Duck Dynasty
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Duck Dynasty

Duck Dynasty
Duck Dynasty Promo.jpg
The Robertsons, from left: Miss Kay, Phil, Willie, Si, Jase, and Korie
GenreReality television
Developed byA&E Networks
Narrated byWillie Robertson
Theme music composerZZ Top
Opening theme"Sharp Dressed Man" (seasons 1-6)
Country of originUnited States
Original English
No. of seasons11
No. of episodes130
  • Deirdre Gurney
  • Scott Gurney
  • Elaine Frontain Bryant
  • Lily Neumeyer
  • Laurie Sharpe
Production location(s)Monroe and West Monroe, Louisiana
Running time22-30 minutes
Production Gurney Productions
DistributorA+E Networks
Lionsgate (DVD)
Original networkA&E
Picture format480i (SDTV)
1080i (HDTV)
Original releaseMarch 21, 2012 (2012-03-21) -
March 29, 2017 (2017-03-29)
External links
Duck Dynasty on A&E
Production website

Duck Dynasty is an American reality television series on A&E that portrayed the lives of the Robertson family, who became successful from their family-operated business, Duck Commander. The West Monroe, Louisiana business makes products for duck hunters, primarily a duck call called Duck Commander. The Robertson men--brothers Phil and Si, and Phil's sons Jase, Willie, and Jep--are known for their long beards and their conservative Protestant Christian views.[1] The family was previously featured on the series Benelli Presents Duck Commander and its spin-off, Buck Commander, on the Outdoor Channel;[2] Outdoor Channel acquired rerun rights to Duck Dynasty in 2016.[3]

The show has broken several ratings records on A&E and cable television as a whole. The fourth-season premiere drew 11.8 million viewers; the most-watched nonfiction cable series in history.[4] In mid-December 2013, controversy from an interview Phil Robertson gave to GQ magazine resulted in an indefinite suspension by A&E, due to remarks he made which were being widely viewed as anti-gay.[5][6] Following public pressure on A&E to lift the suspension, he was reinstated nine days later.[7]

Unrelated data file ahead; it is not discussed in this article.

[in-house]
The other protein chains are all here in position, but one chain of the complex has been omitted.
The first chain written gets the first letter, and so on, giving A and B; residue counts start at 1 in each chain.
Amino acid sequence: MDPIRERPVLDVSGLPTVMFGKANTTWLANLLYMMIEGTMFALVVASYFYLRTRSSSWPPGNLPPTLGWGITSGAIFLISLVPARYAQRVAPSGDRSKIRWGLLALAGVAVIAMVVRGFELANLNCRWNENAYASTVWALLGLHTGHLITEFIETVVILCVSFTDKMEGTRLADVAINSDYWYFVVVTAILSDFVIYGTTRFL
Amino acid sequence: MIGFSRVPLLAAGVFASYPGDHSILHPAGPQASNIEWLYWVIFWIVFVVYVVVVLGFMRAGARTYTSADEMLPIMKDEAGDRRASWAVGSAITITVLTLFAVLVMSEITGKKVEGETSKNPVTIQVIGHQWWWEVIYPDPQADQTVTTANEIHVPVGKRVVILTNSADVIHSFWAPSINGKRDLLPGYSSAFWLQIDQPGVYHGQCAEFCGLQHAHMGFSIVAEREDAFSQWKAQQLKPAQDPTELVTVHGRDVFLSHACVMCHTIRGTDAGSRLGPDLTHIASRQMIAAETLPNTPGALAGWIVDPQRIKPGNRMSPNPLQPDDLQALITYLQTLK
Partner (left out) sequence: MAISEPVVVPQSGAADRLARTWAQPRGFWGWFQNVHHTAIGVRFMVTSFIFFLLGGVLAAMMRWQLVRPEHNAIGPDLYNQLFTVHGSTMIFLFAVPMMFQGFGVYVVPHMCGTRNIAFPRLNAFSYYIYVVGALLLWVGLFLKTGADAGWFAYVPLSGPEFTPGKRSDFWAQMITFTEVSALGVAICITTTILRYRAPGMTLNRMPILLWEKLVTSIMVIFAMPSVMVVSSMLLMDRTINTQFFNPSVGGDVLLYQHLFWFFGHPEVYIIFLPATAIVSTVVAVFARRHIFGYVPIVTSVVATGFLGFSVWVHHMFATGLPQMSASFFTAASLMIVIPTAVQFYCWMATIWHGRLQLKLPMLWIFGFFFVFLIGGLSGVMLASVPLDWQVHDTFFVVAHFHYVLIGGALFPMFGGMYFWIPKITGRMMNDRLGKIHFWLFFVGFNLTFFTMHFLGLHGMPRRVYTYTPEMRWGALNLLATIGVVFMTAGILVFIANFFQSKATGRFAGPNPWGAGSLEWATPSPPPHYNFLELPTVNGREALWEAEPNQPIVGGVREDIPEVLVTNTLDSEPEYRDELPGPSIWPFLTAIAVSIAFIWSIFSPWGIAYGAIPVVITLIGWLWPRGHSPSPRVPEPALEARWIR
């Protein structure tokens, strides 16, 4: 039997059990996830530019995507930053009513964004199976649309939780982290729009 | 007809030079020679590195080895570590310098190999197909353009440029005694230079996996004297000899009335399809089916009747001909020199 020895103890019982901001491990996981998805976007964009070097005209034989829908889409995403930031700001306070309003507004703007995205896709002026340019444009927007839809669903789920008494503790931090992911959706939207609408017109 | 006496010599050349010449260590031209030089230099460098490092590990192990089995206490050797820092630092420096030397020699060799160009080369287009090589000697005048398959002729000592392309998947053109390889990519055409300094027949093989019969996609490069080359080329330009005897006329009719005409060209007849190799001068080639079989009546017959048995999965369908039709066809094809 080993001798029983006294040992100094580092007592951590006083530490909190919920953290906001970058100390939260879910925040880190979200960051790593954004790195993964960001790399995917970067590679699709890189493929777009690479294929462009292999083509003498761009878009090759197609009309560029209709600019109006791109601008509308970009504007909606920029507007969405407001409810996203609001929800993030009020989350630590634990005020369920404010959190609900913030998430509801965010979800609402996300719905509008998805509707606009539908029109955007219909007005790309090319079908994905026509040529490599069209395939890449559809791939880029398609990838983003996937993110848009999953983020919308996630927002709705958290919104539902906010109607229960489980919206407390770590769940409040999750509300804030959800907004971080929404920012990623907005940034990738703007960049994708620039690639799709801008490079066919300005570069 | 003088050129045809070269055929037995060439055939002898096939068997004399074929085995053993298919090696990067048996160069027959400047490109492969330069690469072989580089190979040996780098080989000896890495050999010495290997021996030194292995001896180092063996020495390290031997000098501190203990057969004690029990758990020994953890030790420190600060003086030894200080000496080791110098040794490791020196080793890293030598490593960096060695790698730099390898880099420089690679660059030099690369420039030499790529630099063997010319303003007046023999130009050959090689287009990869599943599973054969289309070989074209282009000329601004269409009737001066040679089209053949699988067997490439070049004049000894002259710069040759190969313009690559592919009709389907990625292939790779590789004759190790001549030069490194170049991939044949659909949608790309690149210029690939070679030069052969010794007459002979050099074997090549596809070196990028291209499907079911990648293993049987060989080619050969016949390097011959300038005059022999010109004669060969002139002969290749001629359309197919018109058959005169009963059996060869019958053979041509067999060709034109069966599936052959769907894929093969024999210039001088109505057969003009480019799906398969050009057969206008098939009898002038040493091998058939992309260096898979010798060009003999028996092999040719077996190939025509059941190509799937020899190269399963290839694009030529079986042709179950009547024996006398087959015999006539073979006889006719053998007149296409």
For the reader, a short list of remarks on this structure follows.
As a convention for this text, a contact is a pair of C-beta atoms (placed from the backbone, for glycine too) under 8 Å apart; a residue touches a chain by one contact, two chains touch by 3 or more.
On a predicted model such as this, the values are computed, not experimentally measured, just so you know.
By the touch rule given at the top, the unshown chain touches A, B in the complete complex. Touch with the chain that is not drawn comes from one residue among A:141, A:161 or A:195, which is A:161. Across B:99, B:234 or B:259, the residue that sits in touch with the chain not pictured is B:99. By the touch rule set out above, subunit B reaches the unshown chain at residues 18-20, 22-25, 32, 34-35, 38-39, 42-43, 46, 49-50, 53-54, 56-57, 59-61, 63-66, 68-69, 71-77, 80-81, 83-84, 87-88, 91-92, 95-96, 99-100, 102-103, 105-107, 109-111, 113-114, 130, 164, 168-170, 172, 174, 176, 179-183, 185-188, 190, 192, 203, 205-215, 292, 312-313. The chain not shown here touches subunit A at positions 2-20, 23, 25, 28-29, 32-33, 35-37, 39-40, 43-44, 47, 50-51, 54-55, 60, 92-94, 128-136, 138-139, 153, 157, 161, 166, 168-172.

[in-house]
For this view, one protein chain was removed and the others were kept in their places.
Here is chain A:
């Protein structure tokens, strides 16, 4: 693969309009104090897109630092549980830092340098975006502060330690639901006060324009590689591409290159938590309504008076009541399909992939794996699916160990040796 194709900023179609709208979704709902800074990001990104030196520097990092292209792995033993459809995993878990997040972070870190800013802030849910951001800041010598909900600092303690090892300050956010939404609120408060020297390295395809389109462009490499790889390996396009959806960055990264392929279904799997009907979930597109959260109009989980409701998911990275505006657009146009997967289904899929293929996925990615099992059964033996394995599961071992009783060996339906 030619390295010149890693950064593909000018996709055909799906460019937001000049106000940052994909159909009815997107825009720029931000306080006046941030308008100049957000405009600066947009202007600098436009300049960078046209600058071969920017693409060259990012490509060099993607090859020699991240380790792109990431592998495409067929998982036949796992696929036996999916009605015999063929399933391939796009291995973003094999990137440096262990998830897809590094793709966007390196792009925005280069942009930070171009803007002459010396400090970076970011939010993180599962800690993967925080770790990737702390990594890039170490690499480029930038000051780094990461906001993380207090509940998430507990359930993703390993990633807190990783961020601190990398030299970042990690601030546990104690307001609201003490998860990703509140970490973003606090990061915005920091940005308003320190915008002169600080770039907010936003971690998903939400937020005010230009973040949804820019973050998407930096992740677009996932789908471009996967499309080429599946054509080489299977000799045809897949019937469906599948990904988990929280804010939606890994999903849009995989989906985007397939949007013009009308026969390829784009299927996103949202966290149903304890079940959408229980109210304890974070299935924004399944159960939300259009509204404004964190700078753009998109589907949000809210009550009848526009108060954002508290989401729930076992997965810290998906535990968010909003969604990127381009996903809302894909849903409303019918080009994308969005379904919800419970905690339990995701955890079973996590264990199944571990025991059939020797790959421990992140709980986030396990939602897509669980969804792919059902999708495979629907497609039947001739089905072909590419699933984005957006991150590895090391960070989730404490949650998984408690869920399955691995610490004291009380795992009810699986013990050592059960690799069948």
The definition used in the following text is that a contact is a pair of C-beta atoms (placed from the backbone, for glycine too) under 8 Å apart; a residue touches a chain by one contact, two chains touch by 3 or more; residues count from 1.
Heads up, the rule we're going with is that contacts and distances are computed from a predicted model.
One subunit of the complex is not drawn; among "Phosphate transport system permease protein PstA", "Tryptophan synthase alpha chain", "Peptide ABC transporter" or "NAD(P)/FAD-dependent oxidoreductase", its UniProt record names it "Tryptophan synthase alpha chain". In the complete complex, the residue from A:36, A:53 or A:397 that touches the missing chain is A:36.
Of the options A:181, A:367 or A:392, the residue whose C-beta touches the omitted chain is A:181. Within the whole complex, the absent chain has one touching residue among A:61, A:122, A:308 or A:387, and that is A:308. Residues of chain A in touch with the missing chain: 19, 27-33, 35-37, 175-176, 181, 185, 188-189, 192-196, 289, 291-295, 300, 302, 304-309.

The show earned $80 million in advertising sales for the first nine months of 2013, and merchandise has generated another $400 million in revenue.[8][9][10] The series ended on March 29, 2017, with the hour-long finale "End of an Era".[11]


Name Family Member Seasons
1 2 3 4 5 6 7 8 9 10 11
Willie Robertson CEO Main
Korie Robertson Willie's wife Main
Sadie Robertson Willie's daughter Main
John Luke Robertson Willie's son Main
Mary Kate McEacharn-Robertson John Luke's wife Recurring
Bella Robertson Willie's daughter Main
Willie Robertson Jr. Willie's son Recurring
Rebecca Robertson Willie's daughter Recurring
John Reed Loflin Rebecca's husband Recurring
Rowdy Robertson Willie's son Recurring
Jase Robertson Willie's brother Main
Missy Robertson Jase's wife Main
Mia Robertson Jase's daughter Recurring
Reed Robertson Jase's son Recurring
Cole Robertson Jase's son Recurring
Brighton Robertson Reed's wife Recurring
Phil Robertson Willie's father Main Recurring
Kay Robertson Willie's mother Main
Si Robertson Willie's uncle Main
Jep Robertson Willie's brother Recurring Main
Jessica Robertson Jep's wife Recurring Main
Lily Robertson Jep's daughter Recurring
Merritt Robertson Jep's daughter Recurring
Priscilla Robertson Jep's daughter Recurring
Alan Robertson Willie's brother Guest Main
Justin Martin Employee Main
John Godwin Employee Main

Robertson family


  • Phil Alexander Robertson, born (1946-04-24) April 24, 1946 (age 73)
  • Marsha Kay "Miss Kay" Robertson (née Carroway), born (1947-12-21) December 21, 1947 (age 71)


Name Date of birth Relationship
1 Marshal Alan Robertson (1967-01-05) January 5, 1967 (age 52)[] Married to Lisa Gibson; the couple have two daughters
2 Jason "Jase" Silas Robertson (1969-08-16) August 16, 1969 (age 50)[] Married to Melissa Louise "Missy" West; the couple have three children
3 Willie Jess Robertson (1972-04-22) April 22, 1972 (age 47)[] Married to Korie Maree Howard; the couple have six children
4 Jules Jeptha "Jep" Robertson (1978-05-28) May 28, 1978 (age 41)[] Married to Jessica Pamela Strickland; the couple have five children

Phil Robertson